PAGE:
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In the past decade, there have been significant changes concerning partner relationships and domestic communities of two adults. The task of the State is to become aware of the changed situation in good time and draw up legislation that will comprehensively address this area and ensure equality and social inclusion.

In Slovenia, like in other developed countries, there has been a trend towards a pluralisation of partnership and family forms and ways of family life. Regardless of these changes, the family remains a fundamental social institution that is of great importance for each individual. Public opinion surveys show that the family is still considered to be most important in all stages of life and is at the top of a person’s lists of values.

Different forms of domestic communities

In Slovenia, the following domestic communities of two adults are defined by law:

  • marriage,
  • cohabitation,
  • civil union,
  • non-formal civil union.

Rights and obligations of spouses/partners

Marriage is a community in which the spouses have equal rights and obligations, decide on joint matters by mutual agreement, and contribute proportionally and in accordance with their abilities to the maintenance of the family. A spouse who does not have the means of subsistence and is unemployed through no fault of their own may request to be maintained by the other spouse insofar as this is within the latter’s power. The same applies to cohabitants, civil union partners and non-formal civil union partners.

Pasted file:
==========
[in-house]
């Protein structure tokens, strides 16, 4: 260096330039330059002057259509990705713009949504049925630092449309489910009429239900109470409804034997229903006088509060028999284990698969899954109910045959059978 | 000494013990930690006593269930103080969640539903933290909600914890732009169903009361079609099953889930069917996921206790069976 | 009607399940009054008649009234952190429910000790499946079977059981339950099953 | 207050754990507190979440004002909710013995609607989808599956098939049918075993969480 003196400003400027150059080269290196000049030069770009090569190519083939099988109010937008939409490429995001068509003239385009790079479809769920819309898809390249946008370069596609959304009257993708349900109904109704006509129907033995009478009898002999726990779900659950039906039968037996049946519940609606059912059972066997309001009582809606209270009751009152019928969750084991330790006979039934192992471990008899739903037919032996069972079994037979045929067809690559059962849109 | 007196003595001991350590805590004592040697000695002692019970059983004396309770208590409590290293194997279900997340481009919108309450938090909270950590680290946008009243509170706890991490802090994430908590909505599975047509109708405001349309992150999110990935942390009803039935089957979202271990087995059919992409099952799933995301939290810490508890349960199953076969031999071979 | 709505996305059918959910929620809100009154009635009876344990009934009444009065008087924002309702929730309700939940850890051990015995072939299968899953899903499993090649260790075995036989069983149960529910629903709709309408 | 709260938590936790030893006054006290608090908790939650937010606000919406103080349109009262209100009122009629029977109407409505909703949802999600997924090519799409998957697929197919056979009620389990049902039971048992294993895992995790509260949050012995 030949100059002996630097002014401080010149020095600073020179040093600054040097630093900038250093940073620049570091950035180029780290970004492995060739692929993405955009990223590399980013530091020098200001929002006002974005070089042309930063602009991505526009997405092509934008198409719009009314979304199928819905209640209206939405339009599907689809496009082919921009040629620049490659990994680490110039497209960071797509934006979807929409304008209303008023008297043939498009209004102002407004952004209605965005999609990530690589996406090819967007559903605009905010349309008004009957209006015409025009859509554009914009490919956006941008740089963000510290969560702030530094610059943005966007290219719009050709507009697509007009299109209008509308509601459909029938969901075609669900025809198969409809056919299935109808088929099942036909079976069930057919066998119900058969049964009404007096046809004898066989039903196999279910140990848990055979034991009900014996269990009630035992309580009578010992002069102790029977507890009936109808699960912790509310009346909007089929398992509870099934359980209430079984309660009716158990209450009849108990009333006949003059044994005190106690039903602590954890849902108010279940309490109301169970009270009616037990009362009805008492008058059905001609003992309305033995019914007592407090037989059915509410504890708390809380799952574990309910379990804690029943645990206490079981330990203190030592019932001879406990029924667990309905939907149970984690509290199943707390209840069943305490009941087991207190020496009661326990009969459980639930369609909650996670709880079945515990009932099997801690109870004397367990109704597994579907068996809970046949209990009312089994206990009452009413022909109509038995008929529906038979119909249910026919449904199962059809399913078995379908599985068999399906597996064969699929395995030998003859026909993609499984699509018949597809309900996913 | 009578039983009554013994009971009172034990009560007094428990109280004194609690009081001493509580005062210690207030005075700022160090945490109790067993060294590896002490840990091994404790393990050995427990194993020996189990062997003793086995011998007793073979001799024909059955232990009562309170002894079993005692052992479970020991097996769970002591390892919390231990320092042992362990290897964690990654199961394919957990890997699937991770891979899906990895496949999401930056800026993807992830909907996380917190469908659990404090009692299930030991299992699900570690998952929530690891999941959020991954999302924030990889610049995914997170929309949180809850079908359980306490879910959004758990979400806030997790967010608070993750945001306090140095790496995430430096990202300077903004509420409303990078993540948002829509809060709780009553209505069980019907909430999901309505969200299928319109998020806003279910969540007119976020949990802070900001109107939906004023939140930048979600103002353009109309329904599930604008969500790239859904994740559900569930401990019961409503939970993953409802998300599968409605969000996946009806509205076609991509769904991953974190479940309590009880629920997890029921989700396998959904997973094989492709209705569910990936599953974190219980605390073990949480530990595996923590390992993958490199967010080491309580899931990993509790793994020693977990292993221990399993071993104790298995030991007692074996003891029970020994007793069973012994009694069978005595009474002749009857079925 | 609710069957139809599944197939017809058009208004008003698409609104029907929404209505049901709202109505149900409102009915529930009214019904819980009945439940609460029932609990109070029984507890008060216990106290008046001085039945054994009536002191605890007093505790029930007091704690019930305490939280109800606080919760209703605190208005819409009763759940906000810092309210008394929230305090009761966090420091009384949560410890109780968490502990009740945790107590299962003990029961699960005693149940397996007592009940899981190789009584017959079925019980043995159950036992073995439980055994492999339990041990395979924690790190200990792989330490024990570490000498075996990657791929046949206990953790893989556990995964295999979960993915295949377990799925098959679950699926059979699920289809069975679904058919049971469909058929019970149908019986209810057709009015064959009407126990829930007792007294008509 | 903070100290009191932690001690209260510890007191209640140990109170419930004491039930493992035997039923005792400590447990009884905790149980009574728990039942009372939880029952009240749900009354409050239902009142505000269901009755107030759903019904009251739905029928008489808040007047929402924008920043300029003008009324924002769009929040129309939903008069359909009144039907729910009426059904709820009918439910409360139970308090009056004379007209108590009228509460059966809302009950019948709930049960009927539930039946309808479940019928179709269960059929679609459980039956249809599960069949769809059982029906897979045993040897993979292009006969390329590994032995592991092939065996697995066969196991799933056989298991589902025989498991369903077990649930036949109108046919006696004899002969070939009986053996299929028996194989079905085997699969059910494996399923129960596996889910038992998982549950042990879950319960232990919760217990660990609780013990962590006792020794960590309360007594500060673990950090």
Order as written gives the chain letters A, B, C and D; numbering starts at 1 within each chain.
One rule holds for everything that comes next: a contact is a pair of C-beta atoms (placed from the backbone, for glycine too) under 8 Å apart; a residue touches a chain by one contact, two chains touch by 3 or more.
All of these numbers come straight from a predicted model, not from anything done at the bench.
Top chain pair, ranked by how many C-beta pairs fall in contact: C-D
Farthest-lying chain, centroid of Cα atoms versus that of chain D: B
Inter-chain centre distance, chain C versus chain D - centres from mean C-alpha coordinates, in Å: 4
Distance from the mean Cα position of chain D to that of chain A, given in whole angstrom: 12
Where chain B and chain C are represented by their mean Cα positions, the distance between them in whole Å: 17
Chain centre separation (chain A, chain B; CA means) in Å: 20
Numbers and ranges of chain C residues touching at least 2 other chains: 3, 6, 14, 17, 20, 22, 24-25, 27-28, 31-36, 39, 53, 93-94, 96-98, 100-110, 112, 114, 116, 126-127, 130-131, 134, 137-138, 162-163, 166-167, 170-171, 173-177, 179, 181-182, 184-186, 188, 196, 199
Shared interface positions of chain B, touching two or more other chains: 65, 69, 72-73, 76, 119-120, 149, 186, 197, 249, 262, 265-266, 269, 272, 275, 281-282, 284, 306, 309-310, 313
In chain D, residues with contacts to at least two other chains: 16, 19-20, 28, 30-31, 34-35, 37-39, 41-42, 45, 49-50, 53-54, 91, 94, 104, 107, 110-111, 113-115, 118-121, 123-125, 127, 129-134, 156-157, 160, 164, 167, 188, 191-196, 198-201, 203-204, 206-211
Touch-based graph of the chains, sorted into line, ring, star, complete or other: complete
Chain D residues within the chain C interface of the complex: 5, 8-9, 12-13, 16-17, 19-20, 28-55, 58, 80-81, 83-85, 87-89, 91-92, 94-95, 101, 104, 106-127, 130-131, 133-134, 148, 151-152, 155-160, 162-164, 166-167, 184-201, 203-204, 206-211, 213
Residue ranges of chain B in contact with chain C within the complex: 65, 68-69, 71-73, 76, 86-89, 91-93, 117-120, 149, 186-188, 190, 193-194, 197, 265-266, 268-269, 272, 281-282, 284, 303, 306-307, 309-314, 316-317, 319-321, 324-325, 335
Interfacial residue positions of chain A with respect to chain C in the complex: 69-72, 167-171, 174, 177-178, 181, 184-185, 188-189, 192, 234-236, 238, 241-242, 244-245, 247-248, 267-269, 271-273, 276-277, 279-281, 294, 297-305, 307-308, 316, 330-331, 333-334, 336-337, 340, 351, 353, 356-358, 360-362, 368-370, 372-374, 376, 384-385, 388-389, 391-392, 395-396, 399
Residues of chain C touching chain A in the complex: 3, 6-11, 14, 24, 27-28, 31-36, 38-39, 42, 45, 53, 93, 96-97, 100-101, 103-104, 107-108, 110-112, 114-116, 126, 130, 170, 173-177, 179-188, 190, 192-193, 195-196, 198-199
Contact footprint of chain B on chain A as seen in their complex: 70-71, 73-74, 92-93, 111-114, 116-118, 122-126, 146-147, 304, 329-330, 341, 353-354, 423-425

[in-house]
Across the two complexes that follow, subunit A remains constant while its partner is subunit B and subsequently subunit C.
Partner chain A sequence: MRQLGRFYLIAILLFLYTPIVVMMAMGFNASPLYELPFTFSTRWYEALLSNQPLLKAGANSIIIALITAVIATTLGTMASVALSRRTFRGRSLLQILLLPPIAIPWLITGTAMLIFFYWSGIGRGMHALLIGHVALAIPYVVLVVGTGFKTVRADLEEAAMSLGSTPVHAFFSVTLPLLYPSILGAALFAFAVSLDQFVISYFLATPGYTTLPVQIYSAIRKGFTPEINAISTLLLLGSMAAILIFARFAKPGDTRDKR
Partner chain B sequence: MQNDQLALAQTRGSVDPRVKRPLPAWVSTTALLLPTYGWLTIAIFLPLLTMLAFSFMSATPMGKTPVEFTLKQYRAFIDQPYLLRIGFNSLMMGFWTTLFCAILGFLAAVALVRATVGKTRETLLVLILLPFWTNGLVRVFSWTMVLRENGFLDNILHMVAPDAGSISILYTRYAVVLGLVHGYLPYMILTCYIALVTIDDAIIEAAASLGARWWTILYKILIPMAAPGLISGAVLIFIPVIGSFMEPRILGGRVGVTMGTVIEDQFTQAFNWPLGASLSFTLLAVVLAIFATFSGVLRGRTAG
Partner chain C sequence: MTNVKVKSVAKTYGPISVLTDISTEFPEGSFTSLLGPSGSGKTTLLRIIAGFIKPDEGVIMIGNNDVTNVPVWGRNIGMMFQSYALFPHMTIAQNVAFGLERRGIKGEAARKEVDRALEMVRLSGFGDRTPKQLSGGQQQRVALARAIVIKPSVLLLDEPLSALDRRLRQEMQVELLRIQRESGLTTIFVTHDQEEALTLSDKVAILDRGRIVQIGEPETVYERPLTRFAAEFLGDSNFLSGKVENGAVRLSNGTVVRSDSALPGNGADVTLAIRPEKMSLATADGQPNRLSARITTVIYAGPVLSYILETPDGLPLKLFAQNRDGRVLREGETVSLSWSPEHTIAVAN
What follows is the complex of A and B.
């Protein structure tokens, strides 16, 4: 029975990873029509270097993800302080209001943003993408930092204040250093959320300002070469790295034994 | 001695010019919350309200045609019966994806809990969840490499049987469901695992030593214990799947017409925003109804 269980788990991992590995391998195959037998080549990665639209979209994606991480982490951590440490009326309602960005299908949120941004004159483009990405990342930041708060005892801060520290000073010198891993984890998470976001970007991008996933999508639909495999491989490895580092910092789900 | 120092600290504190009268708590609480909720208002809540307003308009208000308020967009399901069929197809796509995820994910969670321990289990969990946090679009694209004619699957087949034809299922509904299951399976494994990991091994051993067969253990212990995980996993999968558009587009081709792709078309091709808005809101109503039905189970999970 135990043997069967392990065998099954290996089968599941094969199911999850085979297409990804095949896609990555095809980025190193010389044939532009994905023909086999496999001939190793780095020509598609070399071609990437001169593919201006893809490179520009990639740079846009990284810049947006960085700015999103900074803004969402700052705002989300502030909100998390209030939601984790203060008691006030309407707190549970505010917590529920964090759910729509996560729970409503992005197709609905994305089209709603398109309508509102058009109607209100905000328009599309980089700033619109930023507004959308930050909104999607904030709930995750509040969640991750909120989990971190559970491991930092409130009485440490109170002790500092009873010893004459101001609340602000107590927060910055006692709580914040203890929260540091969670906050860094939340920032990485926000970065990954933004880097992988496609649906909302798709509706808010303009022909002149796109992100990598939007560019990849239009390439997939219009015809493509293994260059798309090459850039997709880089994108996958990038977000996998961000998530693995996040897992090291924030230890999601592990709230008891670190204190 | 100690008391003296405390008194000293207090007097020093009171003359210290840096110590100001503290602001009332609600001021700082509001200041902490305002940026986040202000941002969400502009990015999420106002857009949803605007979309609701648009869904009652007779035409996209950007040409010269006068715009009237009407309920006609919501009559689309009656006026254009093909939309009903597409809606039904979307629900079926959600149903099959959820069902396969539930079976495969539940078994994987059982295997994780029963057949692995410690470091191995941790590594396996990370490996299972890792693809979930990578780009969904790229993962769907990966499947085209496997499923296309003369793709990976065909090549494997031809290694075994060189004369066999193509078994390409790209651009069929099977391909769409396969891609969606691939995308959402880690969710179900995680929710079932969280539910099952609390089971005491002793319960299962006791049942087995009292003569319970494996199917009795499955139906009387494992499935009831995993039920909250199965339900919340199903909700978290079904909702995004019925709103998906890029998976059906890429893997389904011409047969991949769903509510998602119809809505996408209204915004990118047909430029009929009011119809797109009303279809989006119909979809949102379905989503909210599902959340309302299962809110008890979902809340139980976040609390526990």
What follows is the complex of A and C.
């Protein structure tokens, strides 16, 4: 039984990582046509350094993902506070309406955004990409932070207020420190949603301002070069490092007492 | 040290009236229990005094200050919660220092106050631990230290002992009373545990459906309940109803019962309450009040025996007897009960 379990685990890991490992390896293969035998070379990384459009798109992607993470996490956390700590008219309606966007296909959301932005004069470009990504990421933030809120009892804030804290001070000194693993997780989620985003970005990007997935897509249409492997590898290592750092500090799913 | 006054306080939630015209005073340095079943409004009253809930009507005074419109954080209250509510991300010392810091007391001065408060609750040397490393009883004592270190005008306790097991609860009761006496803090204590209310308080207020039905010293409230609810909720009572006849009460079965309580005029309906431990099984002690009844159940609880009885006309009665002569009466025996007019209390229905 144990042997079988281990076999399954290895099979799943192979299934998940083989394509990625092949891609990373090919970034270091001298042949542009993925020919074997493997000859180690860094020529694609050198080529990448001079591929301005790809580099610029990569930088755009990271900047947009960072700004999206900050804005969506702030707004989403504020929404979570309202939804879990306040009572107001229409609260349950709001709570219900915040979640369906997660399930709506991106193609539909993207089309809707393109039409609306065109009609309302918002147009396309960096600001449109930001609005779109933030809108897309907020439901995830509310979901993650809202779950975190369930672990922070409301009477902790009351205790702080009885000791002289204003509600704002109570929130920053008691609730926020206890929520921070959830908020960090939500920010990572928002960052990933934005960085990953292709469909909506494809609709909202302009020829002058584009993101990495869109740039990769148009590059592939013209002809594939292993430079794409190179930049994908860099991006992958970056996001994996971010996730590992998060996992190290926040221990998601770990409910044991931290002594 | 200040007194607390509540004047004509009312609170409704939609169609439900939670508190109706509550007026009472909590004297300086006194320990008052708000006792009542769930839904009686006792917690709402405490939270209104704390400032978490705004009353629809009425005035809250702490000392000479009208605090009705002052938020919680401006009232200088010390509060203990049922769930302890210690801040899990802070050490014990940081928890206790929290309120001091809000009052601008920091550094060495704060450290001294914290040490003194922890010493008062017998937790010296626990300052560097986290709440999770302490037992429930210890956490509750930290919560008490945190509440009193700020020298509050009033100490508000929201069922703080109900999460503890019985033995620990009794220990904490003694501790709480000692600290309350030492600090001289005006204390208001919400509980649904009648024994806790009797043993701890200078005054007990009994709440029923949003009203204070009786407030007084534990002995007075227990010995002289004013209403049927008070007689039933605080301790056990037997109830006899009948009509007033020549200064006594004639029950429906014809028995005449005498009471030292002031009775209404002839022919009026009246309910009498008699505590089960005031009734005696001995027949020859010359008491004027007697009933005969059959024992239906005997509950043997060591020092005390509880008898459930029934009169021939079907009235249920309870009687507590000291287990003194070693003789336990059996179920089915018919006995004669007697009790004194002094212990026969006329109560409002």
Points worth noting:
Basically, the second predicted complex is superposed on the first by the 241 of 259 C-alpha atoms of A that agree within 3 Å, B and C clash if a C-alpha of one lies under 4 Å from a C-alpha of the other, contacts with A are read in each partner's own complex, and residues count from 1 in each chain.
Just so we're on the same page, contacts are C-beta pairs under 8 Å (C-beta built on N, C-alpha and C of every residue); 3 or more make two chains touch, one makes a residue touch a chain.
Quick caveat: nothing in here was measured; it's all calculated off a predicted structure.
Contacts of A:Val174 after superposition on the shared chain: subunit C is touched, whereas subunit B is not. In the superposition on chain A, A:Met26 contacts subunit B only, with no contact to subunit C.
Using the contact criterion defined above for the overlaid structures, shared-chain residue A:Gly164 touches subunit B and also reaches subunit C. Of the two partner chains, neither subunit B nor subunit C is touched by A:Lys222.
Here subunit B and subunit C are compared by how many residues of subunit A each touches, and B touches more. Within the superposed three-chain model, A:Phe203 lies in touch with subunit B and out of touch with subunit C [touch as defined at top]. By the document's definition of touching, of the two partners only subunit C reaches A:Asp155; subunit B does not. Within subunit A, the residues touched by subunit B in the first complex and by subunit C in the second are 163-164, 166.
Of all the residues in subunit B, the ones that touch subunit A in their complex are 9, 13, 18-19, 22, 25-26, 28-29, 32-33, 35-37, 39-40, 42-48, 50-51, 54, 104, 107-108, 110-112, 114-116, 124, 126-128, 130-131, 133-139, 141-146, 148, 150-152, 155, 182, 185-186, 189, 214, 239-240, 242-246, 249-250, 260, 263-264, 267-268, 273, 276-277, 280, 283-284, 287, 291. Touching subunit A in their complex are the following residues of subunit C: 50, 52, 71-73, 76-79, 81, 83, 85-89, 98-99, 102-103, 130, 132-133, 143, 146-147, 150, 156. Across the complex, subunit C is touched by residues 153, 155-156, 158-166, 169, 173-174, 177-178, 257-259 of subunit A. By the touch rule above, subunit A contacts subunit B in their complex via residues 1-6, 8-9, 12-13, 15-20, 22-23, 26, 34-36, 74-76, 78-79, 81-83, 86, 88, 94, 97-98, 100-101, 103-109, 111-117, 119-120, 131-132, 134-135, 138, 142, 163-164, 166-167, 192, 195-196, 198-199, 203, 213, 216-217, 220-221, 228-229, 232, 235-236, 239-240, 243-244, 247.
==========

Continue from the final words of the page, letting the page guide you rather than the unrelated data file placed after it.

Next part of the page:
Termination of a marriage or civil union or cohabitation

A marriage or civil union may be terminated by way of a decision of the competent court establishing that the marriage or civil union is non-existent or invalid. In most cases, however, a marriage or civil union is terminated by divorce or dissolution, respectively, by mutual agreement or on the proposal of one of the spouses or partners.

A cohabitation or non-formal civil union is terminated without any official procedure on the basis of a decision of the partners (or one of the partners) to separate.

Upon the termination of any of the aforementioned domestic communities, the spouses or partners must deal with certain legal issues arising from the situation, i.e. reach agreement on the division of their co-owned property, on the care, upbringing and maintenance of their joint children and their contacts with their parents, on which of them should remain or become a tenant, and on the maintenance of a spouse that does not have the means of subsistence and is unemployed through no fault of their own.